Seattle Times book editor Mary Ann Gwinn writes about a “print isn’t dead” report from Bowker, the company that produces Books in Print. Some of the numbers may surprise you.
On this, the final day of Oprah’s long-running network TV show, I have a confession: I have never watched an Oprah show, not even one of her famous book discussions.
But so many other people have watched Oprah’s show that publishers are wondering what their fate will be with the loss of “the Oprah effect,” the astronomical increase in demand for books that Oprah chose. Of the 70 books Oprah has featured over the years, 59 made the top 10 of USA Today’s best seller list, with 22 reaching the No. 1 spot.
Writing in The Christian Science Monitor‘s book blog, Chapter & Verse, Husna Haq sums up the Oprah effect and offers some hope that, in some way, Oprah may continue her interest in books on her new TV network, OWN.
A list of this year’s nominations for the annual Anthony Awards for mystery writing. The winners will be announced at the 2011 annual mystery convention, Bouchercon, to be held in St. Louis September 15-18.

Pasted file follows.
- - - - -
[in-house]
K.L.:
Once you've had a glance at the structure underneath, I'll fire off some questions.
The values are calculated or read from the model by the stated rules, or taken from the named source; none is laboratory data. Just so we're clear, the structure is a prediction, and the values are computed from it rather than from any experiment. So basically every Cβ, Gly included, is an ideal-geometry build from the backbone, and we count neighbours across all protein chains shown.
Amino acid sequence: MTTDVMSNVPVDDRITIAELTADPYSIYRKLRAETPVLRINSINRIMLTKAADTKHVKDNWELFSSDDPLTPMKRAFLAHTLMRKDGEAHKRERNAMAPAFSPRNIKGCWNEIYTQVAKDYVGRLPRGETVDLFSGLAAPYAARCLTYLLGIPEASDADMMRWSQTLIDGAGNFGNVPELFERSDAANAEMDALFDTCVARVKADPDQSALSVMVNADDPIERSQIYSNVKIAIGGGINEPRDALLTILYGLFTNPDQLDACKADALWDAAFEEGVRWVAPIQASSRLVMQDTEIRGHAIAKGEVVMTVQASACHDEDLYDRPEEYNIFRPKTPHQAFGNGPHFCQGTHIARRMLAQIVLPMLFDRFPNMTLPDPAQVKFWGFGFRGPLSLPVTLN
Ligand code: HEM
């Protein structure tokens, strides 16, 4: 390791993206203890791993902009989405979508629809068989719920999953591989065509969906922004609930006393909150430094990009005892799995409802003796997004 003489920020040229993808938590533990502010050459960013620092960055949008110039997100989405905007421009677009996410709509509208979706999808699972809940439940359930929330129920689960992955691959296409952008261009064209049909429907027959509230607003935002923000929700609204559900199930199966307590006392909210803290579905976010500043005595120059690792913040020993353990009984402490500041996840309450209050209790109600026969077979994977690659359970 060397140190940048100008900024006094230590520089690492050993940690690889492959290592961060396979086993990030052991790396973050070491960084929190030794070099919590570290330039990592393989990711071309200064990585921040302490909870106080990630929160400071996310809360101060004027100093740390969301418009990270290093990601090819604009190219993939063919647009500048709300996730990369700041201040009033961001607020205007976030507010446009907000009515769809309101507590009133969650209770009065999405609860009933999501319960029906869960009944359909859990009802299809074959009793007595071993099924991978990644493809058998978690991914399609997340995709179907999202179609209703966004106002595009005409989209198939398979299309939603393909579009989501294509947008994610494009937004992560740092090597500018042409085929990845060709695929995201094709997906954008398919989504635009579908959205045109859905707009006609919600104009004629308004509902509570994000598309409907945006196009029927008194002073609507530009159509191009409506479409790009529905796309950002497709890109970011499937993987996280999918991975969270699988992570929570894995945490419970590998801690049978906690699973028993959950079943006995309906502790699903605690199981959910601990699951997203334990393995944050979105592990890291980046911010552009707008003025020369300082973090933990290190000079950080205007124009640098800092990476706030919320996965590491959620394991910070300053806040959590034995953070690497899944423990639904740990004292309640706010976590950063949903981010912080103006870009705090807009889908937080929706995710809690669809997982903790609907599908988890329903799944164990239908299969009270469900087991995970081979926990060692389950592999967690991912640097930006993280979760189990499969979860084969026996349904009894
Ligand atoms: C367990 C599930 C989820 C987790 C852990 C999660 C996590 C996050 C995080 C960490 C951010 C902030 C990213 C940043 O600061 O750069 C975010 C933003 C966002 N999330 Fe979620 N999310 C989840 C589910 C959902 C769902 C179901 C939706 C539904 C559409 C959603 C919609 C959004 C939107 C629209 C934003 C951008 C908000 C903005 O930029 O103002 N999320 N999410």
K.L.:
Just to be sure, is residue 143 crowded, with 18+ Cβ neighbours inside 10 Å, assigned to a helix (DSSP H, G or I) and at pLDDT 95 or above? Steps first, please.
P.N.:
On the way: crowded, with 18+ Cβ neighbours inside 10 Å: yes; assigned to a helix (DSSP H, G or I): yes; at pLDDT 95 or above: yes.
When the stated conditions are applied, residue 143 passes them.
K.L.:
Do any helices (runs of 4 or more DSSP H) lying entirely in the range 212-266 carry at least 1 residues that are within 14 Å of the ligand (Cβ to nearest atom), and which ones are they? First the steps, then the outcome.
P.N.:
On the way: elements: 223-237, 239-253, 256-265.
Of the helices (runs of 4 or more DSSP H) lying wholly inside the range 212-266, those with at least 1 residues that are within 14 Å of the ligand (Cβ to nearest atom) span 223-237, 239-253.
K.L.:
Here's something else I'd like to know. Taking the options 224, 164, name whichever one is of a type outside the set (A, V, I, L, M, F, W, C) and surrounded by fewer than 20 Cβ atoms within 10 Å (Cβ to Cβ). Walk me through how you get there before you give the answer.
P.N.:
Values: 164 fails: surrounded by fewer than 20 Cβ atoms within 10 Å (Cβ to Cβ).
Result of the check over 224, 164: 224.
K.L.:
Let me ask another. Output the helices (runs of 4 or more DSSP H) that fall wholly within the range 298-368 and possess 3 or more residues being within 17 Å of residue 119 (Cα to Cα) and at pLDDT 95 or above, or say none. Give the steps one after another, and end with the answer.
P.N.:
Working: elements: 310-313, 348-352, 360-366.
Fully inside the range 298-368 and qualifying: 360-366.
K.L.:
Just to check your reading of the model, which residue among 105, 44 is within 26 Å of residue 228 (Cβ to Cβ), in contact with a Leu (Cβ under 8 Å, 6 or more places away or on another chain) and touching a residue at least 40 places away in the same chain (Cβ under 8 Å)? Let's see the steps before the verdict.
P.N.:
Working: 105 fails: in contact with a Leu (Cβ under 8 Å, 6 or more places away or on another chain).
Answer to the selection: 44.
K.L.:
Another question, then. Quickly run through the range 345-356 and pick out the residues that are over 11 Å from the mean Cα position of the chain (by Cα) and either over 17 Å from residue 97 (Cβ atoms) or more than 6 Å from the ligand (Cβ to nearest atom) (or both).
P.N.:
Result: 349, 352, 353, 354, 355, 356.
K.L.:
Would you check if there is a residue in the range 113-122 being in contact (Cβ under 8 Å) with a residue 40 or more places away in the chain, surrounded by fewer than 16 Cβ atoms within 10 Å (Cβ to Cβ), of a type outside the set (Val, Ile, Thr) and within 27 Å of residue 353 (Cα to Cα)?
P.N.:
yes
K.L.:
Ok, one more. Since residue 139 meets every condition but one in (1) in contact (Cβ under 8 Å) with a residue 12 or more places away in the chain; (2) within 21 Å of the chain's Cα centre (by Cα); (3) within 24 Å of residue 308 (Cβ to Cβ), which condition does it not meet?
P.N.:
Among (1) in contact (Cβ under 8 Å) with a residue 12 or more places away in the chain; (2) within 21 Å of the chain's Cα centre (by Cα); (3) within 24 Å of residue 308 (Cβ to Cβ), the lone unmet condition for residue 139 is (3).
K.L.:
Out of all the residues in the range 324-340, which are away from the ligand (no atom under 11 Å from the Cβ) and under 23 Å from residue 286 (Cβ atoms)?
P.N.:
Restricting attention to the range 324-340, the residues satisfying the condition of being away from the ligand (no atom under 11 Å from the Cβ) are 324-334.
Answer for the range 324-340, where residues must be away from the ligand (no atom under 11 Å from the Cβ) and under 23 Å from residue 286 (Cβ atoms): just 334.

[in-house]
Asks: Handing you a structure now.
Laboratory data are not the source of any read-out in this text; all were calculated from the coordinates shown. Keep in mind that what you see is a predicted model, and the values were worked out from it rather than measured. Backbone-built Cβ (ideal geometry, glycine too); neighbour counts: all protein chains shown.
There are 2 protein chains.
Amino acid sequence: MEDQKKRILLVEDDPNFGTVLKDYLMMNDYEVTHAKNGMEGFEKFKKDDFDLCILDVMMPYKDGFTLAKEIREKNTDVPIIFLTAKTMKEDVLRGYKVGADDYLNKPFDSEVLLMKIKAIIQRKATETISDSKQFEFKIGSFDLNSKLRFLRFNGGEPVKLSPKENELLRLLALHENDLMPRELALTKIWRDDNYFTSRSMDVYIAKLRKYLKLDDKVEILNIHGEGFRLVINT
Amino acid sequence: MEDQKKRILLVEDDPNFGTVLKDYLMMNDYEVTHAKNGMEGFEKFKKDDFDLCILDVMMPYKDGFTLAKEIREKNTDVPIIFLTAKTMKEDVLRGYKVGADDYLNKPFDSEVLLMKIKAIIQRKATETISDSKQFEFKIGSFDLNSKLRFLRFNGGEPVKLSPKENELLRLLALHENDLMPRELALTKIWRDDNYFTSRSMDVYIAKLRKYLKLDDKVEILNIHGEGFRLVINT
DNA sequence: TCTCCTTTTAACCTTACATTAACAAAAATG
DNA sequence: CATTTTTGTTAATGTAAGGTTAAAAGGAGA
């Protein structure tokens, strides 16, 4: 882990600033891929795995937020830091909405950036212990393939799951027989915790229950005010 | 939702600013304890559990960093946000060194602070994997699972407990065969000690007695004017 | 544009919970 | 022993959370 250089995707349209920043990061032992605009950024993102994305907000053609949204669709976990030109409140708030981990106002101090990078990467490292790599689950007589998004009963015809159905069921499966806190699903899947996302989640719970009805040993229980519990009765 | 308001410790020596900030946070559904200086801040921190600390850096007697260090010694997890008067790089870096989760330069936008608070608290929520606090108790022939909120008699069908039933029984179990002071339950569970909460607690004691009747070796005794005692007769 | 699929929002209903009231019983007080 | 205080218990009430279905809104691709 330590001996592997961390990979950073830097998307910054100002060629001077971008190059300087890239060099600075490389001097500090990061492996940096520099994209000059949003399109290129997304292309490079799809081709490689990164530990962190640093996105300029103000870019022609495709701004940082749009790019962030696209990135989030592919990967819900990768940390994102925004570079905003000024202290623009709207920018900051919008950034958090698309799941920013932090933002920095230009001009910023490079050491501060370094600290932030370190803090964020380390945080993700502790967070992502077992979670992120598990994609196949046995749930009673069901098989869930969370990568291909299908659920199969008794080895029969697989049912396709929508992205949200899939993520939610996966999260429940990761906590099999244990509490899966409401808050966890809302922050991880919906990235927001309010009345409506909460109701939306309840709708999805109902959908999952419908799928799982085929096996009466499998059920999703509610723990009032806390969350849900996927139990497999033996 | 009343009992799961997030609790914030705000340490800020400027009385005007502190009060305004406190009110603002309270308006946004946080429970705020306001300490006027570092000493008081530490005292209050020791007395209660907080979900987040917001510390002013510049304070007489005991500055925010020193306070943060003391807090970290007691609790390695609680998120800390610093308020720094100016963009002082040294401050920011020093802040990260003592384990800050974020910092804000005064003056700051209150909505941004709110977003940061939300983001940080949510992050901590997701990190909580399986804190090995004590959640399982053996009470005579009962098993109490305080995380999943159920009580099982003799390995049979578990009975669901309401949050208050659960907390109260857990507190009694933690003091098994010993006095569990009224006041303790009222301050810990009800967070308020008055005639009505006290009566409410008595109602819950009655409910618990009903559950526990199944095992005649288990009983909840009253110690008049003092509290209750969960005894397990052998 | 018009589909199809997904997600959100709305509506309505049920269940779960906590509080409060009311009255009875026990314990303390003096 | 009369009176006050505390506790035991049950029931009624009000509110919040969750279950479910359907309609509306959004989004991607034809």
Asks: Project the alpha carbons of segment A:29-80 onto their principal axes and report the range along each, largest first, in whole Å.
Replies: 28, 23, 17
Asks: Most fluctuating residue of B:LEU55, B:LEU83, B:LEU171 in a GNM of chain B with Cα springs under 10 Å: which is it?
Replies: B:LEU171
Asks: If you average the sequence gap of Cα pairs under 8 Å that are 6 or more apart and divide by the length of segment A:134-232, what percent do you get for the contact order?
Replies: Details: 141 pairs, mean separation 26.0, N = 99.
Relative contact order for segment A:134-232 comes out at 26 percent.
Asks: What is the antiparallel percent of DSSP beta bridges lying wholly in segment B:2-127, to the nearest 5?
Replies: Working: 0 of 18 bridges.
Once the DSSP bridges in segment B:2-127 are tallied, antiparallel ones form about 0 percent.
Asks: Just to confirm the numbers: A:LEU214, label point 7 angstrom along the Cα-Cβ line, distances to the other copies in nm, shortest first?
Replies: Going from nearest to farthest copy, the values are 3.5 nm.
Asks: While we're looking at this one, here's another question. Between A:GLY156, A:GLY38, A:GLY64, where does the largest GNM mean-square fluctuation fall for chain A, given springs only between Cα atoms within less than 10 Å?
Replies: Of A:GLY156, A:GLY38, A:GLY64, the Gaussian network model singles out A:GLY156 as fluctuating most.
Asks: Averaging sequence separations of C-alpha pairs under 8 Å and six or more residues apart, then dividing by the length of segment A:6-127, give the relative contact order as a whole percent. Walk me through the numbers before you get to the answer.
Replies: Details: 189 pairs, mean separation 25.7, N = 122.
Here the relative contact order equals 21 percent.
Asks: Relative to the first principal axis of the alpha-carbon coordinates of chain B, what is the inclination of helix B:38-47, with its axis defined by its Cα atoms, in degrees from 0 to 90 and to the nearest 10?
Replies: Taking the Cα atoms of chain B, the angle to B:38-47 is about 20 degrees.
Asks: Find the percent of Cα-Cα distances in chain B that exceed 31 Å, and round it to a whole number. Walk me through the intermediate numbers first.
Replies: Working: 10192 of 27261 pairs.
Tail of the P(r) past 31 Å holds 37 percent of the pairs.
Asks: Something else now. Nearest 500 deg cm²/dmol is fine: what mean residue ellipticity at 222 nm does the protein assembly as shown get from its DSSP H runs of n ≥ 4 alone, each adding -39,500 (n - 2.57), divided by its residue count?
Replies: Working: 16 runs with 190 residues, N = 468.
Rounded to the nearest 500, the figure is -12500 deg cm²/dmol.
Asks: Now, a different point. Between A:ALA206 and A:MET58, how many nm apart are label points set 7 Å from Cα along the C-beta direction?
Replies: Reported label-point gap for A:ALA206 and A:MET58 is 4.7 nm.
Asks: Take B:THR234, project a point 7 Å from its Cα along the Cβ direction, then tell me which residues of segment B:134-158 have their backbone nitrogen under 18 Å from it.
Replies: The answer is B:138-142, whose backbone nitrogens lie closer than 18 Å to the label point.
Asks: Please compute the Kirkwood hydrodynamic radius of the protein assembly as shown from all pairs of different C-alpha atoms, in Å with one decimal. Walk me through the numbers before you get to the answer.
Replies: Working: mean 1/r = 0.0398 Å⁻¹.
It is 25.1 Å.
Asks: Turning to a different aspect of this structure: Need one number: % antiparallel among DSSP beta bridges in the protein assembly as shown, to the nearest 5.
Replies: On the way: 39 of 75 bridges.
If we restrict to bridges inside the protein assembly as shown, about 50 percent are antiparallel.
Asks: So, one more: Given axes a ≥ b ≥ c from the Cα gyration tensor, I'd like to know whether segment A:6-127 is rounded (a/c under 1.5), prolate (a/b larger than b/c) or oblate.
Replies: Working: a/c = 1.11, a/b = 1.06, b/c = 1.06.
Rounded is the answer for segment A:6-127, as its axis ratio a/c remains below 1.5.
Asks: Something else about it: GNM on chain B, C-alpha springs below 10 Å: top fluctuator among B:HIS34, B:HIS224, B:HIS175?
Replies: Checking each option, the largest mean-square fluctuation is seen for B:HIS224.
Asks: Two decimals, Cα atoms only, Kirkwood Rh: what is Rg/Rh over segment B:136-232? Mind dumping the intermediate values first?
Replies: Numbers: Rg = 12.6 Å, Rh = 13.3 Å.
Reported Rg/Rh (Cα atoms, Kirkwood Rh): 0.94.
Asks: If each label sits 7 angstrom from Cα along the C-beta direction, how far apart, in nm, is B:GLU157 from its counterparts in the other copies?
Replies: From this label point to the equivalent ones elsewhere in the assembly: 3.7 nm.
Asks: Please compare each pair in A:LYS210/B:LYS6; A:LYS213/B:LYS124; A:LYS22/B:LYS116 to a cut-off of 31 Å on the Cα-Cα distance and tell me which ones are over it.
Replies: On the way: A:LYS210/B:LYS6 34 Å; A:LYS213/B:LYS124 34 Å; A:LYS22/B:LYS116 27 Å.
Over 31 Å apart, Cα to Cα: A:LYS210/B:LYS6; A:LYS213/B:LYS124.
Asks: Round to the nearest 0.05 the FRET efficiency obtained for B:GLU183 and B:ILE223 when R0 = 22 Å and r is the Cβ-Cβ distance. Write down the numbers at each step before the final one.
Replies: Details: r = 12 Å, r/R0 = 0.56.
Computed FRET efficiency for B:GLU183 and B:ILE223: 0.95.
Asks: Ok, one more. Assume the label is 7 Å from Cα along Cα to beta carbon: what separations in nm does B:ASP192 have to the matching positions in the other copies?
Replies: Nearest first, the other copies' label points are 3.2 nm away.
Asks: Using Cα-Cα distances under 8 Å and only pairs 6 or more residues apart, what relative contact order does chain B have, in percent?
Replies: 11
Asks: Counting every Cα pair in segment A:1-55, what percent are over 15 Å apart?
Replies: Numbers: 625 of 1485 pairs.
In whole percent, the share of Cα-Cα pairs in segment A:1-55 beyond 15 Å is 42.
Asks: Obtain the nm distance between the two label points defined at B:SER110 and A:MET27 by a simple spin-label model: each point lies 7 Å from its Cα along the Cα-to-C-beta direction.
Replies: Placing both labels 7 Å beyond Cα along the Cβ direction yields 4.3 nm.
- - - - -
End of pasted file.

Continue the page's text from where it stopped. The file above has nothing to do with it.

Publishers have spent a lot of time and money building their own company Web sites with fresh information on their books and authors. The trouble is, very few book buyers visit them.
In search of an alternative, three major publishers said on Friday that they would create a new venture, called Bookish.com, which is expected to make its debut late this summer. The site intends to provide information for all things literary: suggestions on what books to buy, reviews of books, excerpts from books and news about authors. Visitors will also be able to buy books directly from the site or from other retailers and write recommendations and reviews for other readers.
The New York Times reports on this new site, which will initially be funded by major publishers Simon & Schuster, PenguinGroup USA, and Hachette Book Group.
Bookish.com is scheduled to debut late this summer.